SOCIAL MEDIA: What You Say Can Be Used Against You in a Court of Law
Facebook. Instagram. Google+. Twitter. According to the Richmond Journal of Law & Technology, 52% of Americans now have at least one social media profile. Social Media has become a large part of our everyday lives – we use it to keep in touch, tell a joke, and share the details of our lives.
Most internet users are savvy enough to realize that some information doesn’t belong on social media: when they’re away from home on vacation or details that would make identity theft easy. However, what many do not realize is that their casual comments can be used against them in Court. How you conduct yourself on social media can often hurt you in a legal proceeding. Whether you find yourself in a family court proceeding, criminal investigation, or civil suit, it is important to realize that information that you have posted online will be used by your adversary.
It’s not hard to find examples of where people involved in legal proceedings have recklessly posted personal details on social media:
A man was arrested after he posted a photo of himself siphoning gas from a police car on Facebook
A woman denied in court that she smoked marijuana, but she posted partying, marijuana-smoking photographs of herself on Facebook.
A man who joined Match.com and declared he was single and childless, while he was seeking primary custody of his children.
A man denied that he had any anger management issues but he still posted on Facebook: "If you have the balls to get in my face, I'll kick your ass into submission."
A woman who filed a claim against an insurance company stating that she had a suffered from a severe back and neck injury posted a status update and photos of her hike and ski trip.
When deciding what to post on your social network account, it is important to remember two things:
1. SOCIAL MEDIA POSTINGS ARE PUBLIC INFORMATION AND ARE NOT PROTECTED COMMUNICATIONS.
The content you post on your social media account is considered public information and is not subject to privacy rules. While some social media sites allow users to control what content the public can access, many users do not make use of these privacy controls.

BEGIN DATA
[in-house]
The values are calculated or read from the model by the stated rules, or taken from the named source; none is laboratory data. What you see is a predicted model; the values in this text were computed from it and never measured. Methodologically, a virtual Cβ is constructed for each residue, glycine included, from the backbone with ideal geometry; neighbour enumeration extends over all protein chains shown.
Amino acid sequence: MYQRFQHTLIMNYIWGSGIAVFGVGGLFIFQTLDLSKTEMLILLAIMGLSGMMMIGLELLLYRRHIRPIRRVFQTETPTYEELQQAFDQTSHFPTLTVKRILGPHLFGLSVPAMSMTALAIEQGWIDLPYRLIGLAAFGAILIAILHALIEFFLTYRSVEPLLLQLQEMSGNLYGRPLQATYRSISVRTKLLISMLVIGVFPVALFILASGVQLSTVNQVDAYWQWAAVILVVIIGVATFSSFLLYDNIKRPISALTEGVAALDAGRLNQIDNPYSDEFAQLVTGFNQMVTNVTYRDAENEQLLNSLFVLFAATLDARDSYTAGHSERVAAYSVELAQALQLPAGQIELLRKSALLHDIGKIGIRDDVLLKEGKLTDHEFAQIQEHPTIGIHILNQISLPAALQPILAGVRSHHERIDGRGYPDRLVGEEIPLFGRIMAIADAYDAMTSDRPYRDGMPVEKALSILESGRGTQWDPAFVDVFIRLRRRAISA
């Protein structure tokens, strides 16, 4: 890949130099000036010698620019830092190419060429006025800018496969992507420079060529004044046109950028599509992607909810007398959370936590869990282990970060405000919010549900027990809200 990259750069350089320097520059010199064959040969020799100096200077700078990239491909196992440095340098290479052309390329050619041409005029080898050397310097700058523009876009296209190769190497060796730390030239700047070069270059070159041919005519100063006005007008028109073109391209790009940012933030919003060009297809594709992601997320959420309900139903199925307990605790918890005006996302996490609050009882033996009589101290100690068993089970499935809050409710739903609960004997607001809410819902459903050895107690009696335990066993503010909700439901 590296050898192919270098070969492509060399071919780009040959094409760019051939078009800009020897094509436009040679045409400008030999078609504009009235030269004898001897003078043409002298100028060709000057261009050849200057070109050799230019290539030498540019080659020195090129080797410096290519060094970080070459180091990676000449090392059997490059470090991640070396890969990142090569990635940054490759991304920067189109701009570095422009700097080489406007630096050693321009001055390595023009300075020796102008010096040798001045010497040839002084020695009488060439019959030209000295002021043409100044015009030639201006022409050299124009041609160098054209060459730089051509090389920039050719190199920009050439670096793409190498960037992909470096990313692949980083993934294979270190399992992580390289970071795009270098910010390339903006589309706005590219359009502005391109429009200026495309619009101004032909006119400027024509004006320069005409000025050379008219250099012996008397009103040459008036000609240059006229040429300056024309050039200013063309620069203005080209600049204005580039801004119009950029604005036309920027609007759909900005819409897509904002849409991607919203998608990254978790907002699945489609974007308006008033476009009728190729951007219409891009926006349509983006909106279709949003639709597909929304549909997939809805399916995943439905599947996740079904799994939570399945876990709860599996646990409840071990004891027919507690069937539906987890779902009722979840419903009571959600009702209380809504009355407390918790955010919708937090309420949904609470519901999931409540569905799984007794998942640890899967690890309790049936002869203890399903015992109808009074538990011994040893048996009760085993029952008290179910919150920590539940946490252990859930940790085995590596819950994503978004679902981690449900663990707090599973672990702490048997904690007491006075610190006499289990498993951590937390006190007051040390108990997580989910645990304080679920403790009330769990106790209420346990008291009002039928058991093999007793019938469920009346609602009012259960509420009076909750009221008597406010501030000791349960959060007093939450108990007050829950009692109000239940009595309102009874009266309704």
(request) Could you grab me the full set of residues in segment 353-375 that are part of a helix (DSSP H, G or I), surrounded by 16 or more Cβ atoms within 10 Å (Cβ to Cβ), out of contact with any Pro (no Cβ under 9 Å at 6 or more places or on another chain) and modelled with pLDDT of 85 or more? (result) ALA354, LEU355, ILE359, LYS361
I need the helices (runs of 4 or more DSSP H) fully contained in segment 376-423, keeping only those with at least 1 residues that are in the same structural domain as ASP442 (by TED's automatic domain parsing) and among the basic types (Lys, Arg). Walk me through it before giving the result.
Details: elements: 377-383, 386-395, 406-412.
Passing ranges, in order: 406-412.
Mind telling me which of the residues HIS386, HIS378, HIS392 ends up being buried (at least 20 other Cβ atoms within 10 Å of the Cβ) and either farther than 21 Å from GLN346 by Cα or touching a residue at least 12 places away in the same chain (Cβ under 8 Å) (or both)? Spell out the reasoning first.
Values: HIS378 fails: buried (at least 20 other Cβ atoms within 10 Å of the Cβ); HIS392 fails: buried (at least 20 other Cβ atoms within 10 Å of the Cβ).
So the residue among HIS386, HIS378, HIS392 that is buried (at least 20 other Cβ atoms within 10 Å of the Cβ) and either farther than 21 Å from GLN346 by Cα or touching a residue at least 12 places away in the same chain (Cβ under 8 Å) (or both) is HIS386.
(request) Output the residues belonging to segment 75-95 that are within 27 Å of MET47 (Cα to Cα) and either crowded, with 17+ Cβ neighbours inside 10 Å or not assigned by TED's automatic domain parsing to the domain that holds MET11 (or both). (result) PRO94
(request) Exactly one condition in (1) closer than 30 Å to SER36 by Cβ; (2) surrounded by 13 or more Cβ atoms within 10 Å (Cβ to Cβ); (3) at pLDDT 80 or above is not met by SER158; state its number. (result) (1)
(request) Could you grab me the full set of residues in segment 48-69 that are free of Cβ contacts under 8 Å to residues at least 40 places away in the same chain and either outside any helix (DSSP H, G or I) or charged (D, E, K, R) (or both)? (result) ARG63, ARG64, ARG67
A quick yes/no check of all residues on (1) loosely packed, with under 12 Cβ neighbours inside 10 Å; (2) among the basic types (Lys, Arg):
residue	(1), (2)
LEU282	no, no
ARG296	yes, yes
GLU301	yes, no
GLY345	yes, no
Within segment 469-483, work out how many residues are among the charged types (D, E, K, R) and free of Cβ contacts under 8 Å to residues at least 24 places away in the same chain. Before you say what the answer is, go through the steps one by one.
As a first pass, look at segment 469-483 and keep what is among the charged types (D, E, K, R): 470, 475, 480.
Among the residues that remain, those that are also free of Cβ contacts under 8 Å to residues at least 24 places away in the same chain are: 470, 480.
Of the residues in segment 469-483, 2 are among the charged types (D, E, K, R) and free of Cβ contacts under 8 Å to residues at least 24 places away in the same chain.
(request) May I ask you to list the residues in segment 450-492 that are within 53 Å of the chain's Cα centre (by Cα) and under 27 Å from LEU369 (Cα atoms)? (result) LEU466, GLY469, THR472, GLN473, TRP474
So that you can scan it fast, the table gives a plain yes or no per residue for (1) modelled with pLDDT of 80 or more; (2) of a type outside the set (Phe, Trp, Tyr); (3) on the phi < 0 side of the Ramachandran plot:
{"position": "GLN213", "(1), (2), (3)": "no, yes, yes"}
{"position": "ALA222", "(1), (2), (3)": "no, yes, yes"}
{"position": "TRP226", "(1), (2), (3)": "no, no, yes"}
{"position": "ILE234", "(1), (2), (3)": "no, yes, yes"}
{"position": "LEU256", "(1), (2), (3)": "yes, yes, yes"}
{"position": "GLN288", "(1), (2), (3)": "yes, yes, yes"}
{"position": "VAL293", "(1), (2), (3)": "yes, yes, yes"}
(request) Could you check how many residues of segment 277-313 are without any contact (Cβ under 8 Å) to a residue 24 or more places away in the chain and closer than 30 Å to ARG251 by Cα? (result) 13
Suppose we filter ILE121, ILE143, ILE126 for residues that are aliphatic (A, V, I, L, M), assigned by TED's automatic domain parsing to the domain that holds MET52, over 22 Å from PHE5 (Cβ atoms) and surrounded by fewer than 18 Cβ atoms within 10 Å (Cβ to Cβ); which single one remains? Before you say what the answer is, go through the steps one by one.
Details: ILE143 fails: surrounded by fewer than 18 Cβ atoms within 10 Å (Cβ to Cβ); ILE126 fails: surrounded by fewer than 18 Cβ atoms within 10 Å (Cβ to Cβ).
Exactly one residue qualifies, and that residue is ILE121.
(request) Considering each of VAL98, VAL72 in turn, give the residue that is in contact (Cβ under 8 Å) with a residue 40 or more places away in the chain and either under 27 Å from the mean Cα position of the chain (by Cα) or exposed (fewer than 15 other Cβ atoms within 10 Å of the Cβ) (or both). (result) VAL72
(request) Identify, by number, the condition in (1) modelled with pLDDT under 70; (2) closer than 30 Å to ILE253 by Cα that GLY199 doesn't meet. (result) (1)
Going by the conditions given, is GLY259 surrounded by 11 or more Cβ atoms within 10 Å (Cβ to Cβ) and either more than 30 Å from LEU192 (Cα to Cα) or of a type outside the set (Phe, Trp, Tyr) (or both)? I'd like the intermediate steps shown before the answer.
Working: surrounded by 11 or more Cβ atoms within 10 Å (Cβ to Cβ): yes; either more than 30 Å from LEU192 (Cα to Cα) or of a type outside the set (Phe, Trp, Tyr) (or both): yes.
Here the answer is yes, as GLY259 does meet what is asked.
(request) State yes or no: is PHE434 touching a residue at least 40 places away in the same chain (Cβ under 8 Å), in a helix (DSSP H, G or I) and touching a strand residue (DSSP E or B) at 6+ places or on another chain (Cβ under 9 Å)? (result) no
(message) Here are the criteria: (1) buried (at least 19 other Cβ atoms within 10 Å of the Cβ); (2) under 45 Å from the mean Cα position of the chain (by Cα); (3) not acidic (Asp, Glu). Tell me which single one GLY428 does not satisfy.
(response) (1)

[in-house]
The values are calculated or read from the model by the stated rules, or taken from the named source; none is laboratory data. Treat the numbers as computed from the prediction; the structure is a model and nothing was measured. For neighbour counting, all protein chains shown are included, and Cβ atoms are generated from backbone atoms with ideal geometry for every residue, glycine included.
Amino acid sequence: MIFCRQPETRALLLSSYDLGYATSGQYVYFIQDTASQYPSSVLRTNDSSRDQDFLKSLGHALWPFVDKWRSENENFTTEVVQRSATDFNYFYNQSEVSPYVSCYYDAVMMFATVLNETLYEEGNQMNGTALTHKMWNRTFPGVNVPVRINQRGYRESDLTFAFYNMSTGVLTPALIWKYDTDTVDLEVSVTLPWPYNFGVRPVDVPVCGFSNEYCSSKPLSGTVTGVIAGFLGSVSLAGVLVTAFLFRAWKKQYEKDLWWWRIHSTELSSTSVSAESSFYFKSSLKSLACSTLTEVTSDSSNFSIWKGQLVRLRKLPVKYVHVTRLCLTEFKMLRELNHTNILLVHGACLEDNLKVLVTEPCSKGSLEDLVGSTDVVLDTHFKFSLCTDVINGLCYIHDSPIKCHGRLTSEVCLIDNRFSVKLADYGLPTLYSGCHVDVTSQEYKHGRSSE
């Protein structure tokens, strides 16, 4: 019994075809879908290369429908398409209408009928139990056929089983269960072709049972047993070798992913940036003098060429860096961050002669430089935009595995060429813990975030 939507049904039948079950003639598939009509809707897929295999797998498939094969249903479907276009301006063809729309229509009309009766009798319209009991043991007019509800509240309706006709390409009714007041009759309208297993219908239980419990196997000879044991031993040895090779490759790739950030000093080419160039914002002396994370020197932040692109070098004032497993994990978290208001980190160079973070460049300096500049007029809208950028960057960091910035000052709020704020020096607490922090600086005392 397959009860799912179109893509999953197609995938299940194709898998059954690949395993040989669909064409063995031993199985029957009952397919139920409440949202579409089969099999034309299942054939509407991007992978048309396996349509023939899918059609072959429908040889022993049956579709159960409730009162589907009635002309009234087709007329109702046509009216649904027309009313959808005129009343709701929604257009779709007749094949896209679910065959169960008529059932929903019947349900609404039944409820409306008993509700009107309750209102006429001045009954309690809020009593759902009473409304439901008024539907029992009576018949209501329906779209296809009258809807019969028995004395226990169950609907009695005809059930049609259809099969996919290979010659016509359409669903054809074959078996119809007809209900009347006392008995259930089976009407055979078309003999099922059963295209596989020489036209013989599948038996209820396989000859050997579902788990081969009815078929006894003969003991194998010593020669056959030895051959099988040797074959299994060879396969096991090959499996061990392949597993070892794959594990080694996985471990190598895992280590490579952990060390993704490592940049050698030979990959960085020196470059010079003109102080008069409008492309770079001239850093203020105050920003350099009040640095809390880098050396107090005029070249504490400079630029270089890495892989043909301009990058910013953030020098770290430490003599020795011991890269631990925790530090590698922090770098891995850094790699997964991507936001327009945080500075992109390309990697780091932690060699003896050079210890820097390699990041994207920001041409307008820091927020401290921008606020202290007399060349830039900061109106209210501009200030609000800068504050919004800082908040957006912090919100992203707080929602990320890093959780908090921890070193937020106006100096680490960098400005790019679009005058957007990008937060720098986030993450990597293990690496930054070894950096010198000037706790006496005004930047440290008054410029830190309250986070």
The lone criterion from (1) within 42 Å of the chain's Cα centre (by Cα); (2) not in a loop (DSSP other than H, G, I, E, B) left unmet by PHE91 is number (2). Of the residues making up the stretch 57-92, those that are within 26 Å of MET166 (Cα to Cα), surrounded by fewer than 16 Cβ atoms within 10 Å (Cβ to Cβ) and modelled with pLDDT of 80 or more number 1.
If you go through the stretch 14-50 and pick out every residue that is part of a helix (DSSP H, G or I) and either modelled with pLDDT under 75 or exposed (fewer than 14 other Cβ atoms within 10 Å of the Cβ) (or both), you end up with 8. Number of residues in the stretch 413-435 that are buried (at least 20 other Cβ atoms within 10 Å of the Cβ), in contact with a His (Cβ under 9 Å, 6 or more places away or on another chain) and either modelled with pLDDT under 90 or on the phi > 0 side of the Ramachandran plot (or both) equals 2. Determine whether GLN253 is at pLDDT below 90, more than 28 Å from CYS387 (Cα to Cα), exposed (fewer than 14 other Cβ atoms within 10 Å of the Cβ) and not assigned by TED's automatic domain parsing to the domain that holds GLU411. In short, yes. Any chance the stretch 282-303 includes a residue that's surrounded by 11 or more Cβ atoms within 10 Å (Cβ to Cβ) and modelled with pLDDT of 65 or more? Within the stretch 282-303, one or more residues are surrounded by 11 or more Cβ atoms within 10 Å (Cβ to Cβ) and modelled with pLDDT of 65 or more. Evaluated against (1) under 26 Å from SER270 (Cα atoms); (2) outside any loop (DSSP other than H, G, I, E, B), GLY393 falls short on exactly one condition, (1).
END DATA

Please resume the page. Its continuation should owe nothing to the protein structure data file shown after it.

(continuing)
Even if strict privacy controls are implemented, the content you post is not considered protected communication. If you have said, shared, or posted it with one person (and that person isn’t your attorney), it is admissible in court.
2. YOUR ADVERSARY WILL SEARCH YOUR SOCIAL MEDIA SITES FOR EVIDENCE
Time and again, in criminal cases, a prosecutor will search for the social media postings of a defendant to find that the defendant has confessed to the crime or has provided relevant information on his/her social media account.
The content of your social media site can be requested by your adversary in the form of a subpoena or search warrant. In addition, if you are involved in a criminal investigation, the government may use someone from your friends list as a cooperating witness to gain access to your account, even without a warrant. It is imperative to remember that everything you post is for public consumption and can be used against you.
So what can you do now to ensure that your social media account won’t be used against you in the future?
If you are currently involved in any type of litigation, it is imperative that you not delete or destroy any information on your account. If you have questions about what you can do to protect yourself, ask your attorney.
If you are not currently involved in litigation you may want to:
Adjust Your Privacy Settings. If you aren’t quite sure how to do that, you can search for “adjust social media privacy settings” and find tutorials and videos that describe, in detail, exactly how you can make your social media profile as secure as you want it to be.
Trim Your Friends List and Block People You Don’t Know. Are you someone who blindly accepts friend requests? Do you accept requests from people you don’t really know but seem to be friends with a lot of your friends? Take the time to go through your friends list and delete or block the people you don’t actually know. With regard to the people you do know, consider what advantage you have in keeping them on your friends list. Can’t find one? It may be time to unfriend or block them.
Review Previous Posts and Photos. Has anything you have posted in the past now seem unflattering or a liability? Do you need to untag yourself from photos or posts by friends? Now is the time to clean up your social media image.
Be Mindful of Your Posts. Don’t post or message friends when you are frustrated or angry. Think of how your mother (or a Judge) might view your post. If you think your post may come back to haunt you, it probably will.
If, at some point in the future, you become involved in the legal system, LOG OFF. You should not alter any of your social media, nor should you add to it. Talk with your attorney about any actions concerning your social media accounts while your legal issue is pending.
Social media has become a big part of our everyday lives but it does not have to be a place where we provide too much information about ourselves. Keep your private business to yourself – it may make a difference when it matters most.